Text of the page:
The Craft Conundrum

The question I’m getting at is this: what if Barrell started to use craft bourbon in their main bourbon batches, would they tell us?  After all, they only list the state of distillation, not an identifiable mash bill.  Let’s think about this some more.  For starters, they’d have to be at least 5 years old (which most of the ones I listed have been distilling for at least that long).  Taking a look at the info Barrell has shared about Batch 033, it says that they used both high-rye barrels and high-corn barrels for this blend.  Barrell has never specified what they think constitutes as “high rye” but I think that Barton (18%) and MGP (21% or 36%) definitely constitute it.  They also don’t say what they think a “high-corn” mash bill is, but have alluded to Dickel’s standard 84/8/8 mash bill as being “high corn” in the past. MGP’s new 99% corn, 1% malted barley mash bill also fits the bill and is over 7 years old now.  This bourbon was first used in Batch 031 (which is a personal favorite of mine).   
With loose enough definitions, a lot of the craft distillers I listed in the paragraph above still make recipes that fit the bill.  You may see where this is going.  Do I think that Batch 033 contains some craft bourbon in it?  Read on to find out.  I sampled this neat in a glencairn.

Tasting Notes

Nose: The first few times I inhale after bringing the glass up to my nose, I can’t help but notice how many bright, youthful bourbon scents there are.  Not a single aspect of the nose could be thought of as rich or dense.  That’s not always a bad thing, but it surprised me as I thought that even Batch 022, which only uses 5 year old barrels in the blend, smelled more mature than this does. 
Narrowing it down some more, I find notes of cinnamon, cedar wood and unsweetened cornbread (that’s gotta be the MGP 99/1 talking).  There are strange notes of “chalky” smelling chocolate.  Sometimes that means it hasn’t been fully developed yet (I get this in young wheaters or Four Grain bourbons).  There are also notes of coffee grounds which is a telltale sign of a craft whiskey to me.  I also find scents of fresh orchard fruits that were picked before being fully ripe as well as orange peel and peppermint candies.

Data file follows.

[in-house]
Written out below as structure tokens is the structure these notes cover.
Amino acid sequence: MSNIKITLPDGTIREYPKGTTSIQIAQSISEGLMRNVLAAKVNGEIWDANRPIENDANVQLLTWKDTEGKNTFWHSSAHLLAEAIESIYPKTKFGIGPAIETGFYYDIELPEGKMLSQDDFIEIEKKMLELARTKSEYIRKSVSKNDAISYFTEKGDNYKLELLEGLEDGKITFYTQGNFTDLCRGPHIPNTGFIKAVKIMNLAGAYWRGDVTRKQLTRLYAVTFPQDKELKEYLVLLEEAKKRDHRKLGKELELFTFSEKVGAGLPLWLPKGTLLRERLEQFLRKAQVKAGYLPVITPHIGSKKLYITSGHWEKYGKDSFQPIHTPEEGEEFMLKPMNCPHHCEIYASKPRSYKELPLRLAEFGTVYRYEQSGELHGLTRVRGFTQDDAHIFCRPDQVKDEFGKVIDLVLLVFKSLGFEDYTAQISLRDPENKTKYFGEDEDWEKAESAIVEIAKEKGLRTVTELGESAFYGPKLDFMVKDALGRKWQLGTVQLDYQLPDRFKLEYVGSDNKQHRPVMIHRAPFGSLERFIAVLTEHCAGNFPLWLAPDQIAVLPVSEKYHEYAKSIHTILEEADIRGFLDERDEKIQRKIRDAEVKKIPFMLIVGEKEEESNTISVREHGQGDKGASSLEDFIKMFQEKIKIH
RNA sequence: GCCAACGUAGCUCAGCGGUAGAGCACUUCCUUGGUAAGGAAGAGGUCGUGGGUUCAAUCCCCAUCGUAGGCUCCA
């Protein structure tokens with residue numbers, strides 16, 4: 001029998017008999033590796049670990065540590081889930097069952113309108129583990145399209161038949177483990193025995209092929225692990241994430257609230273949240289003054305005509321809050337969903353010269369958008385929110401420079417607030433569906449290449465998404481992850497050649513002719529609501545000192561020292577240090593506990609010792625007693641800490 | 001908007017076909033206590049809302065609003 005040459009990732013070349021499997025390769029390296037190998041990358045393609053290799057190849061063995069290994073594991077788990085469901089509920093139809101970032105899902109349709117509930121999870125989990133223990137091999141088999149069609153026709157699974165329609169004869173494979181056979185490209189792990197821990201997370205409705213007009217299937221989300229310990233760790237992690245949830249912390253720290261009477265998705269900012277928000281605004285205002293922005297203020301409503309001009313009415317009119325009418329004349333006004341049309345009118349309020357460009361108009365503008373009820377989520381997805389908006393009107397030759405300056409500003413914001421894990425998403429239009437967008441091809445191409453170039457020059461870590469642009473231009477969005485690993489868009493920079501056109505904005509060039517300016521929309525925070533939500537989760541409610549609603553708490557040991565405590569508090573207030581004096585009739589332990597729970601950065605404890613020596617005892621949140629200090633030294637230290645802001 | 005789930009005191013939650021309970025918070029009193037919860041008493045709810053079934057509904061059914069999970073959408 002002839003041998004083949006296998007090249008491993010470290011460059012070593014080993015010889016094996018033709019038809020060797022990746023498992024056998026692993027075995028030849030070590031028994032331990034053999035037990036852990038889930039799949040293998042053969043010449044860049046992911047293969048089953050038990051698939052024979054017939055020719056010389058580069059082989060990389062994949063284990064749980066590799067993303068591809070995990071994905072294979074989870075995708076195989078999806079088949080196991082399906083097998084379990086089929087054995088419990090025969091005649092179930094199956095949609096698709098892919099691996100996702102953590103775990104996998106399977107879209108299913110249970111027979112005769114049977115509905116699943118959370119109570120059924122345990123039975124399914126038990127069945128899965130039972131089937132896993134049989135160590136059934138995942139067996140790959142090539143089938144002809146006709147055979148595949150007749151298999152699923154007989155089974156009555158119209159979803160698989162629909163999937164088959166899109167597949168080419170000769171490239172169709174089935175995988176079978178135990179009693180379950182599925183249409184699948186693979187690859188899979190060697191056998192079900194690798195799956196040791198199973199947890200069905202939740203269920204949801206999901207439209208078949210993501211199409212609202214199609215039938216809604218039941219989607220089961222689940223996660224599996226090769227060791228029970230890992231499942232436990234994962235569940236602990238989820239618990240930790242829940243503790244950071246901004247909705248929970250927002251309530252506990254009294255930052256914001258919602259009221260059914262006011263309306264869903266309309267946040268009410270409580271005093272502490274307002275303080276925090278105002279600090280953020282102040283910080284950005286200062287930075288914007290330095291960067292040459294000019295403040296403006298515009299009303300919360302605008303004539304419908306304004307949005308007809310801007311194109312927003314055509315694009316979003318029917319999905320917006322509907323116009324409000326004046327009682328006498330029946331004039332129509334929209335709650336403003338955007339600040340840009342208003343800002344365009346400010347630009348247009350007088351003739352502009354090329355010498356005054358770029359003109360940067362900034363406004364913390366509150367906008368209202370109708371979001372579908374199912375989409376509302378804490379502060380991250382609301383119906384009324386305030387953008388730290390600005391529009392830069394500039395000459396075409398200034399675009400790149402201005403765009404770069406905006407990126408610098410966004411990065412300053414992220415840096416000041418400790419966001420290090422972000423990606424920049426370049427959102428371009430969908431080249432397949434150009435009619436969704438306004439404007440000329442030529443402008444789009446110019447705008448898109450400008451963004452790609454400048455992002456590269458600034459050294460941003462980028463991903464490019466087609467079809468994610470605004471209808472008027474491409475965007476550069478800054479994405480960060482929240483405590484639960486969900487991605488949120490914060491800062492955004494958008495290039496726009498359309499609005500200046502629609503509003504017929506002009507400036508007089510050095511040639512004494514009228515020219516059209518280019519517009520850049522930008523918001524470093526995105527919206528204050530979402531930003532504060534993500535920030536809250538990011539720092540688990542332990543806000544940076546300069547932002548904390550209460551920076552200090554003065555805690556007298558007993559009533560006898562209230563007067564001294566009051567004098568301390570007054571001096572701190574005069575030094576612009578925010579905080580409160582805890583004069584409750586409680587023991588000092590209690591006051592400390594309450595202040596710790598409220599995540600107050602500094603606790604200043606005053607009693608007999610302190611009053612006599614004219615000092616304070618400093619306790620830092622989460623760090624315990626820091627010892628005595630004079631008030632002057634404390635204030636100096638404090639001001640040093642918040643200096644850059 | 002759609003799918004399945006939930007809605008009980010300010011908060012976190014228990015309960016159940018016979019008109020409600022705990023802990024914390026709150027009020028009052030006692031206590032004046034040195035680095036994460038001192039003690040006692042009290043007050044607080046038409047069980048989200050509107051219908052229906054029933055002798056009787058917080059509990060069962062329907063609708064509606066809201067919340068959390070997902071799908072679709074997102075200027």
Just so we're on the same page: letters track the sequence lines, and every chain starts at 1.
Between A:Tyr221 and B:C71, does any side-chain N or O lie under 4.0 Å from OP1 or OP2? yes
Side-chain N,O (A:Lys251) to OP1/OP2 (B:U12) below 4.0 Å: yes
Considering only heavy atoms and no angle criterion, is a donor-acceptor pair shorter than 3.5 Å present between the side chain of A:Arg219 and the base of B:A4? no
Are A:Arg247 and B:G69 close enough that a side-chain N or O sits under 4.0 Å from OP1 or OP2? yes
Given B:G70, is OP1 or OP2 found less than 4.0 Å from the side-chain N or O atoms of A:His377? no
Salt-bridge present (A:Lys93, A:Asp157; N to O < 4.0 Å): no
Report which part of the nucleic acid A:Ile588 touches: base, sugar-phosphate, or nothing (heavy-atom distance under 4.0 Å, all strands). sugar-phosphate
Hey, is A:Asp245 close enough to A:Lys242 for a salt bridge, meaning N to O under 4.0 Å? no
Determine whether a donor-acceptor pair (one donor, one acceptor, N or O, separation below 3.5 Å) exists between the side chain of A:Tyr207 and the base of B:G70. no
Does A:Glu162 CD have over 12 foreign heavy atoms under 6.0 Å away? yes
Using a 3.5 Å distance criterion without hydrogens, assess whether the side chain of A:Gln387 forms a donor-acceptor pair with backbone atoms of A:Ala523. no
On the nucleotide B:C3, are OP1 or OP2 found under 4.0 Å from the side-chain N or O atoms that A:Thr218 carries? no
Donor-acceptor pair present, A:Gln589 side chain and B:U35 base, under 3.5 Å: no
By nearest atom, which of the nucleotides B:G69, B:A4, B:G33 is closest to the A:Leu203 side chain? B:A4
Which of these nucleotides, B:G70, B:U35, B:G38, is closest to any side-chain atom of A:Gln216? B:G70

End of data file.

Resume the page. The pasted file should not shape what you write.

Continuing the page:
Palate: Raspberry and apricot jam flavors come first but don’t contain a whole lot of sweetness.  In fact, the sweetness seems to be fighting against other flavors I can find, much like they do in a cough syrup where the medicine is trying to be covered up.  There is a youthful funk that reminds me of a Spirits of French Lick bottle I had recently.  There are grainy notes everywhere along with young, herbal flavors and chocolate powder.  The craft whiskey alarms are ringing again as I pick up on this coffee taste that is more like a cup of flavored coffee that has been setting on the counter all day, so it’s cold when you drink it.  Prickly, coarse green and black peppercorns mix with fresh bread and a little bit of cardboard.  It’s very strange.  It’s only when I pick up on my familiar “sweet peanuts” note that I get with Dickel products do I finally find some recognizable tastes in this sea of bourbon flavors.
Finish: The finish can be summed up somewhat succinctly, it’s kind of bitter.  There is lots of barrel char, baker’s chocolate, cigar wrapper and young oak.  The finish is saved by some lingering flavors of toasted almond cookies, crushed stone, lemon pudding and roasted hazelnuts.  I am surprised to find a lot of flavors on the finish.